Taking Back George in Lusaka, Zambia
“Together, let’s take back George. Don’t run away from it. Fight for it! Let’s redefine our name. We are from George, and we are responsible for what goes on in this community. You can’t afford to leave this building and bury what you have learned.
What are you going to do with the knowledge you have acquired? How are you going to lead? How are you going to address illiteracy, bad sanitation and alcoholism in this community?
We are from George, and we are responsible for what goes on in this community
As a network, we are committed to George and its transformation. Will you join us?”
These were the words of fired-up Pastor Brighton Siyanyinzya as he closed the first Global Leadership Summit event in George Community, Lusaka in November 2018.
George is a community riddled with poverty, but there is hope through leadership.
The root of most of the issues is substandard leadership. Jubilee Centre had been sponsoring a network of pastors to attend the Summit at a church in the suburbs of Lusaka, but it became clear that many more leaders in George were desperate for leadership development of this caliber. So in 2018, we decided to launch it locally in George.
Approximately 330 leaders showed up for the first event. They were inspired, motivated and challenged to start change within themselves before attempting to change their community. This changed the trajectory of the Summit, especially on the second day; leaders were being pushed to a place of vulnerability, something uncommon in our Zambian culture.
These are but a few stories of leaders who have been pushed in ways they didn’t think were possible. They understand how imperative good leadership is and this was confirmed by how much they gave to the Global Leadership Fund during our time of offering.
Tony, a young legal assistant, was deeply provoked by Sheila Heen’s Difficult Conversations session.
Due to his background in law, he used to bulldoze through conversations and discussions with his peers without any regard for their perspective or feelings. He was “always right,” he said, “I feel terrible about what my pride has done to my relationships. I want to mend my broken friendships. Going forward, I will be intentional about being an avid listener.”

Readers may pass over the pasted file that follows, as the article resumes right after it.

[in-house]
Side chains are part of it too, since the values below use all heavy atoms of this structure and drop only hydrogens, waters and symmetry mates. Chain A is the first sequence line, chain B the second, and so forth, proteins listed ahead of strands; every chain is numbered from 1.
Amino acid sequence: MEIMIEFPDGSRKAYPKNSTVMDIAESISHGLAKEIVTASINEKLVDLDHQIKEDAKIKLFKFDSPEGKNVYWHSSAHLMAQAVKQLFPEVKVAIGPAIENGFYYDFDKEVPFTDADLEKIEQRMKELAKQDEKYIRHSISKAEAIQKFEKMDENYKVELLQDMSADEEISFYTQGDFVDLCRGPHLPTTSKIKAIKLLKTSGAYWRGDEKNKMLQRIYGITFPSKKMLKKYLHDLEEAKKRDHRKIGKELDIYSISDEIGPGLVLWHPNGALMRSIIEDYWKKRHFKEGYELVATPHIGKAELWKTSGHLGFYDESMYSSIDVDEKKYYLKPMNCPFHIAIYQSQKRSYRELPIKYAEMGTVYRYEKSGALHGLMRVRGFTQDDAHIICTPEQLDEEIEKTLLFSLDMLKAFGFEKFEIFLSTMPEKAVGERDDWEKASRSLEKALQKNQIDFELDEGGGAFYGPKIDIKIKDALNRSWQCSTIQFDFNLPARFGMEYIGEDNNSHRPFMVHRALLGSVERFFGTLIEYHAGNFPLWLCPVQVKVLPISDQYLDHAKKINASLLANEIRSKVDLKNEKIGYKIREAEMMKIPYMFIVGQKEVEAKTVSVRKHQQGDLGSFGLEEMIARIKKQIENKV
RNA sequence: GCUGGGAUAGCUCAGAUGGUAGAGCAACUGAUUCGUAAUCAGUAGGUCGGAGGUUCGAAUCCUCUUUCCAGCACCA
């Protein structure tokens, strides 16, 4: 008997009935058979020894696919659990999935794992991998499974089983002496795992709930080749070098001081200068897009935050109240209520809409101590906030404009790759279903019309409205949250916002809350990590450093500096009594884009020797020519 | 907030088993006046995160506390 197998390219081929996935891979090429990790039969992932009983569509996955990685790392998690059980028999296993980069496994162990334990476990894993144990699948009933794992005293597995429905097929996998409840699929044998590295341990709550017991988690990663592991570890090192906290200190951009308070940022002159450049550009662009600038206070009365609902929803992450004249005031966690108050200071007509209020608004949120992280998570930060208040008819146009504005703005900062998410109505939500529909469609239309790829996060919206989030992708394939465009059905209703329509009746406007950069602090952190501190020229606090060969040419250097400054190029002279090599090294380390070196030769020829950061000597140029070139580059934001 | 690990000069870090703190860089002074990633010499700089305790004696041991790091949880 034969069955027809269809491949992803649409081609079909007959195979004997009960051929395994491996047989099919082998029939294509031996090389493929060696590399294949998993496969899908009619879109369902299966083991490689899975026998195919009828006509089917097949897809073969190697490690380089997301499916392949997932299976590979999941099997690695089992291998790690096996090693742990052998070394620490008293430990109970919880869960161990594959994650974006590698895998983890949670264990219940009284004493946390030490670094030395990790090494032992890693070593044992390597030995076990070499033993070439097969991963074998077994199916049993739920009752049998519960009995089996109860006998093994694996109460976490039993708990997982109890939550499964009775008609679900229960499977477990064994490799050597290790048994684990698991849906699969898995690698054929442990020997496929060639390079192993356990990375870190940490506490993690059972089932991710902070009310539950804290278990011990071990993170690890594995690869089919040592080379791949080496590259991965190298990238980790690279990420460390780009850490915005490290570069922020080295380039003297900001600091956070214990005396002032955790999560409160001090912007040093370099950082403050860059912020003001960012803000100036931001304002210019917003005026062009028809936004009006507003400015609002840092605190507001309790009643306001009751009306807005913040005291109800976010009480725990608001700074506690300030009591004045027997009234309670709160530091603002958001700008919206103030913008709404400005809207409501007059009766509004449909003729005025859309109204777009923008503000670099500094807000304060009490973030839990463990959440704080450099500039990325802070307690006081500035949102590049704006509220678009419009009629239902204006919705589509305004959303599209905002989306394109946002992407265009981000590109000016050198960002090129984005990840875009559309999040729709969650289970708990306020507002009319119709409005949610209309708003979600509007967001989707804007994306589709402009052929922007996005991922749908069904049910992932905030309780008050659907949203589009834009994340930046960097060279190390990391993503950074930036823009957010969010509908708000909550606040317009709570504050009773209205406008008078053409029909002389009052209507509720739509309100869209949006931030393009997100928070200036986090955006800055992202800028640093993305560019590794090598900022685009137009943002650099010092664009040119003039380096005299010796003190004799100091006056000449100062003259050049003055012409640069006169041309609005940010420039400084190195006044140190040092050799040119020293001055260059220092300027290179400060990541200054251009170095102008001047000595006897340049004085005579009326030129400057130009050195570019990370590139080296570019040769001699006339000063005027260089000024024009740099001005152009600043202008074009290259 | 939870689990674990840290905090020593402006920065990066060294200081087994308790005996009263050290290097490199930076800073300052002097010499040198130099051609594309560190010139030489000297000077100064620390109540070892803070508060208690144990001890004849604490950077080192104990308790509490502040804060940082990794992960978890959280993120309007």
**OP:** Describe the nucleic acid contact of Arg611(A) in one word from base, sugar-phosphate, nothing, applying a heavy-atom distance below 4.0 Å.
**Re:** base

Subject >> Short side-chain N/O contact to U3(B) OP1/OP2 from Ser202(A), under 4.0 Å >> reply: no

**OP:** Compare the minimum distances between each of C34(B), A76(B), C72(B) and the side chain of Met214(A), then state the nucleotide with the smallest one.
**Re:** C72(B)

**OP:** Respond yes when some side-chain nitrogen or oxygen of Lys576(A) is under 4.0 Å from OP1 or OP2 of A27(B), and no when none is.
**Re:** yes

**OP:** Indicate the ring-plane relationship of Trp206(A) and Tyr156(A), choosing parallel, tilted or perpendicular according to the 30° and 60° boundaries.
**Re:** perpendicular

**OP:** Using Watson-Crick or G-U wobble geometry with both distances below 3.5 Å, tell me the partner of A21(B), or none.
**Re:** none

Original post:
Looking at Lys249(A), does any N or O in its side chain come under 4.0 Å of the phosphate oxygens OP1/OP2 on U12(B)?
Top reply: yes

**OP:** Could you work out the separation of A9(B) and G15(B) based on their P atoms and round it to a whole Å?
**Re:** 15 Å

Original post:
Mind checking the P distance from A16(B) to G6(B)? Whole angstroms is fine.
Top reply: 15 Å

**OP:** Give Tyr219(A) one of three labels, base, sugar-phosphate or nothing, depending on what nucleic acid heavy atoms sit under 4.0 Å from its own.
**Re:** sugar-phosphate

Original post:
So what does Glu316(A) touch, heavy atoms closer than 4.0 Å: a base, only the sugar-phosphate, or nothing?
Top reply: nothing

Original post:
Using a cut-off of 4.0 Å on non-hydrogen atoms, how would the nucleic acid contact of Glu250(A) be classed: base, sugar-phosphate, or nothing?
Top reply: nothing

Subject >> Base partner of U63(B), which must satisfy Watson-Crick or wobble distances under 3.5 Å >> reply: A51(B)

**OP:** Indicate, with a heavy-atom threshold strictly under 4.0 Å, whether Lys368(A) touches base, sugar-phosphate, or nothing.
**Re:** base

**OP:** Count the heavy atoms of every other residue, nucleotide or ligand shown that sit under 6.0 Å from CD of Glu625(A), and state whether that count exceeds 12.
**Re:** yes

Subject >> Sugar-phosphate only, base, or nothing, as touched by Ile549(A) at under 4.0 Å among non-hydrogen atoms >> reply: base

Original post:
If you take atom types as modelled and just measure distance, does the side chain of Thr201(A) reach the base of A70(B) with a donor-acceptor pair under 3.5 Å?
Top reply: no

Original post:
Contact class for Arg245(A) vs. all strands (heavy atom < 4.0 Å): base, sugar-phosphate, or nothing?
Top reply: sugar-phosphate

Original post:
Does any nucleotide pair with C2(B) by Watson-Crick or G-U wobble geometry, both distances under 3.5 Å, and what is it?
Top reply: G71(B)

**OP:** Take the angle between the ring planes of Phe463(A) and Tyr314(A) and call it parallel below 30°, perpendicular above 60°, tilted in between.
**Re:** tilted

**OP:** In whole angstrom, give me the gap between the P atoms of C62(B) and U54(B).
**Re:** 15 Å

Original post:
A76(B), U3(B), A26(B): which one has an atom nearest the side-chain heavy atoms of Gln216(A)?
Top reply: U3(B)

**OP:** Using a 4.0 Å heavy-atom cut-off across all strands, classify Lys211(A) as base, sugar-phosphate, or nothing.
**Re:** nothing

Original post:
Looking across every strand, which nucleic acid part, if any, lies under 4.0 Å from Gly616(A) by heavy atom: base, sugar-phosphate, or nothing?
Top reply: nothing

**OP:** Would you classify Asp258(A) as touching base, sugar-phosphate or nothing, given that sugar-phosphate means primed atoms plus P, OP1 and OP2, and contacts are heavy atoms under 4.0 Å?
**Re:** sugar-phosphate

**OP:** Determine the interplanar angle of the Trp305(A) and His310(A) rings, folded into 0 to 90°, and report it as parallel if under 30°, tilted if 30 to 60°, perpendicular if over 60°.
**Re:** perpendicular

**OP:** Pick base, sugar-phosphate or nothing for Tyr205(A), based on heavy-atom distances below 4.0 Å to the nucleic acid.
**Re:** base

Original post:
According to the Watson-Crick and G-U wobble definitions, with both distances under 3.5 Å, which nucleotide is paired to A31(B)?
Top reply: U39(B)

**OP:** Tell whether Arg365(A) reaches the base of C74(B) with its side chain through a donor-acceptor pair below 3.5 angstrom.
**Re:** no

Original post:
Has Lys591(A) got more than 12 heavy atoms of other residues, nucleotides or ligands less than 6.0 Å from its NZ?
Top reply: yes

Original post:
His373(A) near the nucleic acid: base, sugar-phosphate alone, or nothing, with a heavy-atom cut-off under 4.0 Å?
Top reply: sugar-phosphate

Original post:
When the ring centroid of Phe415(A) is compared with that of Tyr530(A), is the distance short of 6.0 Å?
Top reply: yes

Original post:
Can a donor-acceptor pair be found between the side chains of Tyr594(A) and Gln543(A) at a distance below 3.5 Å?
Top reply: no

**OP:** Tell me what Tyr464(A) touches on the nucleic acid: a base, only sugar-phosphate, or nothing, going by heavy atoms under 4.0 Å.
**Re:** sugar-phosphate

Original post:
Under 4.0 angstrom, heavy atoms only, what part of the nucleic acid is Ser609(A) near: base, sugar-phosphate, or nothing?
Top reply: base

Moses, a teacher, was swept away by Erwin McManus’ fearless lifestyle.
He said, “I have been riddled with financial fear for as long as I can remember; living in George can do that to you. However, Erwin’s message has rebuked these fears and I know that if Erwin can overcome the fear of death, I can put my financial insecurities aside and pursue God’s purpose for my life.”
Rebecca, an elementary school teacher, learned about listening to her inner voice.
She said, “Patience has always been a struggle for me. I didn’t know how to express my ideas with my friends. I would usually leave conversations midway through. I have learned the importance of listening to my inner voice and having the patience to arrange my thoughts and respond with grace.”
There is hope for George.
Each of their faces communicated to me that they wanted, more than anything, for other leaders around the globe to have access to this information. Their selflessness was the biggest blessing to me because this is one of the poorest communities in Lusaka, but they sacrificed the little they had to give because they have bought into the vision of The Global Leadership Summit. This brought me joy and fulfillment and gave me hope for the future of this community.